I just read “No Mud, No lotus” by Thich Nhat Hanh and it was really an eye opener. Just like the lotus flower cannot grow if there is no mud, he says that happiness cannot exist without suffering. Like most people I often get caught up in the busyness of life and start thinking, “if only I had this or did that I’d be able to get past the stress and be happy”. For me, I keep thinking I’ll be so much happier when I actually build my tiny house on a lake because my life will be even more minimalist and simple. But then I had an aha! moment. Will my tiny house actually make me happier, or when I have it, won’t I just want something else? It might make me happier at first, but if I keep looking for happiness outside myself, there seemingly will always be something else that could make me happier.
According to Nhat Hanh, we all have a tendency to run into the future or to go back into the past to search for happiness elsewhere. When we run to the future or the past, we are trying to escape a current pain or suffering. We sometimes also run to the store to buy ourselves something that will make us feel better in the moment or run to the fridge to eat something that will make us feel better in the moment. Doing that will only make you forget your pain for a little while; it will still be there until you actually face it head on.
Happiness like everything else in life is impermanent. In order for you to keep being happy, you need to feed your happiness. One way to feed your happiness is to practice grattitude by being grateful for everything you do have. You are the only one who can choose to be happy, you need to look inside yourself and find what brings you happiness instead of looking everywhere around you.
A few weeks ago, I was frustrated with an interaction I had with technicians for an internet service provider. They showed up over an hour late for the appointment and then they were being really rude. I was trying to stay positive, after all, I did get an extra hour to myself and enjoyed reading my book. But I couldn’t let go of their attitude. Thich Nhat Hanh compares this scenario with being hit by an arrow. The technicians shot me with an arrow and it caused some suffering. I now had two choices; I could either take that arrow out of me by letting go of the pain and situation and accepting it, or I could shoot myself with a second arrow that would cause me 10x more pain, by negatively reacting to the situation, creating a storyline in my mind or be taken over by anxiety. I tried so hard to let it go, but I ended up shooting myself with a second arrow and this situation still bothered me the next day, until I finally accepted it and let it go.
We encounter scenarios like this most days of our lives. It could be as simple as forgetting our keys, not finding a parking space, being cut off by another driver or having to deal with rude people. Some things are easier to let go of than others, but letting go is critical to your happiness. If you spend your whole day thinking about the person who cut you off, and create a storyline to tell everyone at work about it, it will just make you more unhappy. Rather, if you just get angry for a minute and then just let it go, you will be much happier. After all, the person who cut you off was probably having a bad day too. Its sometimes hard to accept, but we are responsible for our own second arrows. We are human after all, it’s easier said than done. The more you are able to let go, the happier you will be!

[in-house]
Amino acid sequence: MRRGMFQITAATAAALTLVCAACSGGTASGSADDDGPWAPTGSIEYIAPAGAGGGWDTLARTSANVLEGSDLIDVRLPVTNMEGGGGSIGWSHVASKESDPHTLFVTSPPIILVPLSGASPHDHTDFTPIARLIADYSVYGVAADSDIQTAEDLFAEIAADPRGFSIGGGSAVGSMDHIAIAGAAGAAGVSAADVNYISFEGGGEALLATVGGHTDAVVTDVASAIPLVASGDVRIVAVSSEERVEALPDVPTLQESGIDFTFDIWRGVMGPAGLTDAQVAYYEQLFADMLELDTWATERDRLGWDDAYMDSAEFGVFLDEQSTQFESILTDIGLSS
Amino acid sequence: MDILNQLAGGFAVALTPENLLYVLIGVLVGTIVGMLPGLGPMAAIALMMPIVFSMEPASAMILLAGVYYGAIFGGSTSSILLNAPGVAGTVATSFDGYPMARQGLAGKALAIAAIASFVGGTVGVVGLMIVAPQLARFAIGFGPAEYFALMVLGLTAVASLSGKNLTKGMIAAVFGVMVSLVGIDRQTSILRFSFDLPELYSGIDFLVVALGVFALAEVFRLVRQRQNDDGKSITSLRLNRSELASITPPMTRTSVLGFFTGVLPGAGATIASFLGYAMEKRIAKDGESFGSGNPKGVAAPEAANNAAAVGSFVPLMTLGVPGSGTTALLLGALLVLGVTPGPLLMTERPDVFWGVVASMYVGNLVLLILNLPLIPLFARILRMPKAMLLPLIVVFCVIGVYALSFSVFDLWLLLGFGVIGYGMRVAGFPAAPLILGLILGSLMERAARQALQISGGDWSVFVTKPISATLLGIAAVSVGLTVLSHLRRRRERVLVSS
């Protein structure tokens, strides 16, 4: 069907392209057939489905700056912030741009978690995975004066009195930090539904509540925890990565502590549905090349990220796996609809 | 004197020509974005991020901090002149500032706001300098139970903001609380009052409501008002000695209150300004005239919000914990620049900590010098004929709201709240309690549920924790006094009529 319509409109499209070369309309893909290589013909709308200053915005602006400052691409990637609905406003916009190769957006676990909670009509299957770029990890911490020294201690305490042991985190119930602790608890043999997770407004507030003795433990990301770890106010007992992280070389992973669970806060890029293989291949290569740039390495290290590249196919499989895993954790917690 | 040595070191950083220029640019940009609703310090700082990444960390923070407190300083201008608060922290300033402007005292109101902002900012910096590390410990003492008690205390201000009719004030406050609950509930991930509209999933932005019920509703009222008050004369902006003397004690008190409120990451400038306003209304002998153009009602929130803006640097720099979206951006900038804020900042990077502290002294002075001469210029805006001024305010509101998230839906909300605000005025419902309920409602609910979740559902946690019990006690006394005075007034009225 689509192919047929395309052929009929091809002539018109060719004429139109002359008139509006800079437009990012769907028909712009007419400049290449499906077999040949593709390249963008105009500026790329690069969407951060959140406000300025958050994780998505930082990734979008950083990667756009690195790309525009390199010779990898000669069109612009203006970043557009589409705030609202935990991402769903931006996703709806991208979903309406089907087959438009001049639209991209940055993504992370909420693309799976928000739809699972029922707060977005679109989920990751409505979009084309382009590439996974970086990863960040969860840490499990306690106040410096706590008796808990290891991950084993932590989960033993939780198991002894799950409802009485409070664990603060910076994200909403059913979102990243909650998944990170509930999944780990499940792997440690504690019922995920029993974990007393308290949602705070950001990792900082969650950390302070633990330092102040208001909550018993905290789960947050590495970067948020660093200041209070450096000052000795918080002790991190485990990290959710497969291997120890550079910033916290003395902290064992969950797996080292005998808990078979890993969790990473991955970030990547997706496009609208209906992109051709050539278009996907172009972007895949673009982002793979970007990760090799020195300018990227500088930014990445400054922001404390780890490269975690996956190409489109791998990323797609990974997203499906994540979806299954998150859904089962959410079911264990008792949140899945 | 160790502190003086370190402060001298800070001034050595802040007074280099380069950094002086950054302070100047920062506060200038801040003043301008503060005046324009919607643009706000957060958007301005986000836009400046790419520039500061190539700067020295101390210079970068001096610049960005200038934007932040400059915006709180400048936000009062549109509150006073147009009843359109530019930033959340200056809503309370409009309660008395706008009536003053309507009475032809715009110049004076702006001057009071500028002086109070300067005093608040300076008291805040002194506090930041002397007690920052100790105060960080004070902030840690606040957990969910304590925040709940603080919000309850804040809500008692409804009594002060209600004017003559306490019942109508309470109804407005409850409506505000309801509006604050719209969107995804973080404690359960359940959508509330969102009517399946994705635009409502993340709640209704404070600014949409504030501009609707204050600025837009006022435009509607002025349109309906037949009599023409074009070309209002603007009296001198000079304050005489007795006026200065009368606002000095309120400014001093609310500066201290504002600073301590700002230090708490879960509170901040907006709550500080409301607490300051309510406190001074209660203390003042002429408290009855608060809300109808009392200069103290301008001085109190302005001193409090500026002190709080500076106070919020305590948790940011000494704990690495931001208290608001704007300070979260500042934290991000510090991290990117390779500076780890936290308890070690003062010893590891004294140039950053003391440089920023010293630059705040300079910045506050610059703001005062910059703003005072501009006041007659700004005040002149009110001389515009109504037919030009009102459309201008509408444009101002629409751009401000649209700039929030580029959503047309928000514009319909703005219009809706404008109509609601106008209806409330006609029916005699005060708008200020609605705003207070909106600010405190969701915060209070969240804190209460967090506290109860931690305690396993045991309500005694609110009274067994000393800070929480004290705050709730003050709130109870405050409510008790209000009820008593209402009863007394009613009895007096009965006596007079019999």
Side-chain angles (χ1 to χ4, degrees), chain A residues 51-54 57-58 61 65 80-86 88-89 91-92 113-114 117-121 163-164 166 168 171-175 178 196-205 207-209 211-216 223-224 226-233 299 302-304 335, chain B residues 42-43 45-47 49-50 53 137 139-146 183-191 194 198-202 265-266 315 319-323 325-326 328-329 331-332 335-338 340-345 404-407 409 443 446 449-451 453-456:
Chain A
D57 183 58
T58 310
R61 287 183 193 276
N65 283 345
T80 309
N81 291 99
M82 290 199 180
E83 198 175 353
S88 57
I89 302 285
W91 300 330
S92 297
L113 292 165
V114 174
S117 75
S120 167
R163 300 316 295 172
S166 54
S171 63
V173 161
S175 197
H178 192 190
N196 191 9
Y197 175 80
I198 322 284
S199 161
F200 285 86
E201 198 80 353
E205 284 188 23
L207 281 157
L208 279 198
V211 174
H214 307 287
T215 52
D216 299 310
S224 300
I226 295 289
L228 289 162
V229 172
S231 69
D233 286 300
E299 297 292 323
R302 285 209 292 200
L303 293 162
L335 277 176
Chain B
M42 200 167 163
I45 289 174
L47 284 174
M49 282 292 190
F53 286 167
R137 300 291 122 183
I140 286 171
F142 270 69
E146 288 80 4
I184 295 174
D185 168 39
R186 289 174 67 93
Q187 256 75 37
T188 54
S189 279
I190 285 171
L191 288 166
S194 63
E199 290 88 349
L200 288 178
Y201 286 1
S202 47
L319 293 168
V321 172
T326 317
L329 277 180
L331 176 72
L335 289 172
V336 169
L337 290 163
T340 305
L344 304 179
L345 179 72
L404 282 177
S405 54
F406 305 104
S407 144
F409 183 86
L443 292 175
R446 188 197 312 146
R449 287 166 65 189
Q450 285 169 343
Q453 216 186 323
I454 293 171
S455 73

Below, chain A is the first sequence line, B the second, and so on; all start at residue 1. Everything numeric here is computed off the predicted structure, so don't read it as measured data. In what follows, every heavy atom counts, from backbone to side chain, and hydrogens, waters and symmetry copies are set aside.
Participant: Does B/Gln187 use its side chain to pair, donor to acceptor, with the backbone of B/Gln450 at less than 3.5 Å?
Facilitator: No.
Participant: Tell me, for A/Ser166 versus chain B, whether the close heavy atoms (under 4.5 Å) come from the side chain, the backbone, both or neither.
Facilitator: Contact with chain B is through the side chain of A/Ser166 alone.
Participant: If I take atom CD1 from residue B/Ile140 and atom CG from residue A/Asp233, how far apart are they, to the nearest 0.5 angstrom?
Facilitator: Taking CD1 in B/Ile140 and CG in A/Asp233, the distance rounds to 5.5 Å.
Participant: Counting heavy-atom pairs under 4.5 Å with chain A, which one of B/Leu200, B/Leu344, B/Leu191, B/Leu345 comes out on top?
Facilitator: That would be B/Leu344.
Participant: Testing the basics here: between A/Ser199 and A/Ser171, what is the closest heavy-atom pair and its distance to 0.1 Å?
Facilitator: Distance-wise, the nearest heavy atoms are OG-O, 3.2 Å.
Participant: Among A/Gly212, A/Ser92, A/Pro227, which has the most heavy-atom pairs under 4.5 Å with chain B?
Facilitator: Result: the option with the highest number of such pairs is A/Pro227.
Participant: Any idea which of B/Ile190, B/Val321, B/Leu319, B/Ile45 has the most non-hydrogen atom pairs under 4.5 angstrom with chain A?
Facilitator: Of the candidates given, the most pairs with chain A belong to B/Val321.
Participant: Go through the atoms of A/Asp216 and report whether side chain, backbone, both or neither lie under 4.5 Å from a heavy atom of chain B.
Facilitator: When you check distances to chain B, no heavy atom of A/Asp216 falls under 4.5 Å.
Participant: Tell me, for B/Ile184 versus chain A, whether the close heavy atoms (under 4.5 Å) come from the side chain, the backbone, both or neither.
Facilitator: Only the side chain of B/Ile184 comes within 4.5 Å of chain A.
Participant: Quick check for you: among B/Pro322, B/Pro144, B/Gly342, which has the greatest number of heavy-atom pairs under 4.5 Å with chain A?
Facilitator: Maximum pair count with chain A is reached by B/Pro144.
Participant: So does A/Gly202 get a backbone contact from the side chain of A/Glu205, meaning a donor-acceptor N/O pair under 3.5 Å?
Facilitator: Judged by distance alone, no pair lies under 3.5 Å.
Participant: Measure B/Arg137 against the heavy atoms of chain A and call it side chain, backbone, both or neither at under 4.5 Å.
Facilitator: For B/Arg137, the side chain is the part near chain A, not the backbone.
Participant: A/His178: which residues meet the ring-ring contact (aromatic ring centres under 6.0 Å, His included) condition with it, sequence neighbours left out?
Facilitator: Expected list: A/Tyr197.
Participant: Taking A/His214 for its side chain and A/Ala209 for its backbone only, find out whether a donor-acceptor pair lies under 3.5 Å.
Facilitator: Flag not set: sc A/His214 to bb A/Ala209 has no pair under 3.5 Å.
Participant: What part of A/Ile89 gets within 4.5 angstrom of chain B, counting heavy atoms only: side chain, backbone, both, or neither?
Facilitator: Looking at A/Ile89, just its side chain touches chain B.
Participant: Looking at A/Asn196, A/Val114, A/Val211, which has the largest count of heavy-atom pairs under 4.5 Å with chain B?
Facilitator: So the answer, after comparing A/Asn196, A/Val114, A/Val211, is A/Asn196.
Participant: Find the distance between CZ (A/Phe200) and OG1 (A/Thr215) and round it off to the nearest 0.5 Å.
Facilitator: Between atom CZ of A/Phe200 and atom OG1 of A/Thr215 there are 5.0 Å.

A good way to check in with yourself to find out what is preventing you from being happy, is to observe your feelings; the good, bad and neutral. According to Nhat Hanh, feelings flow in us like a river, and each feeling is a drop of water in that river. By looking into the river of your feelings you will be able to see how each feeling came to be and you can then choose to let it go.
Choosing to be happy doesn’t only have to do with our feelings though. Another way to choose to be happy is to do more things that you love. Here is an exercise that I invite you to try to see what you can do to add more happiness into your life.
1. Start by drawing a circle and then dividing the circle like a pie. In each slice, be honest with yourself and add what you do with your time. You can do a day, week, month or year. (I did day and year)
Here is my pie in 2017. I am very fortunate that I set up my life to not need to work anymore so I have a lot of time to do things that I love. But here’s what my circle would have looked like when I did work full time in 2017.
2. Draw a second circle and divide it into a pie again. This time add all the things that you love to do.
Here is my optimal pie. It still doesn’t happen like this every day but I choose to do more things that I love. For example, I replaced tv and social media with singing and playing guitar and I added some creative time.
3. Compare both of your circles and see if there is anything in your second circle that you would like to add to your first circle that could feed your happiness!
Comparing my circles, I can see why I craved a different lifestyle that was more flexible. Working full time, we used to only have 3 weeks of vacation or 4% vacation per year. That was not acceptable to us so we made a plan that would allow us to have more freedom and achieved our goal. And so can you! Do what you need to do to cultivate more happiness into your life! It doesnt have to be life changing like what we did. It could start with a small change like trading in 1 hour of mindless screen scrolling with 1 hour of something that would actually increase your happiness! What are you waiting for?
As the quote says “ships don’t sink because of the water around them; ships sink because of the water that gets in them. Don’t let what’s happening around you get inside you and weigh you down.” Let go of what’s happening around you that you can’t control and take control of your own happiness!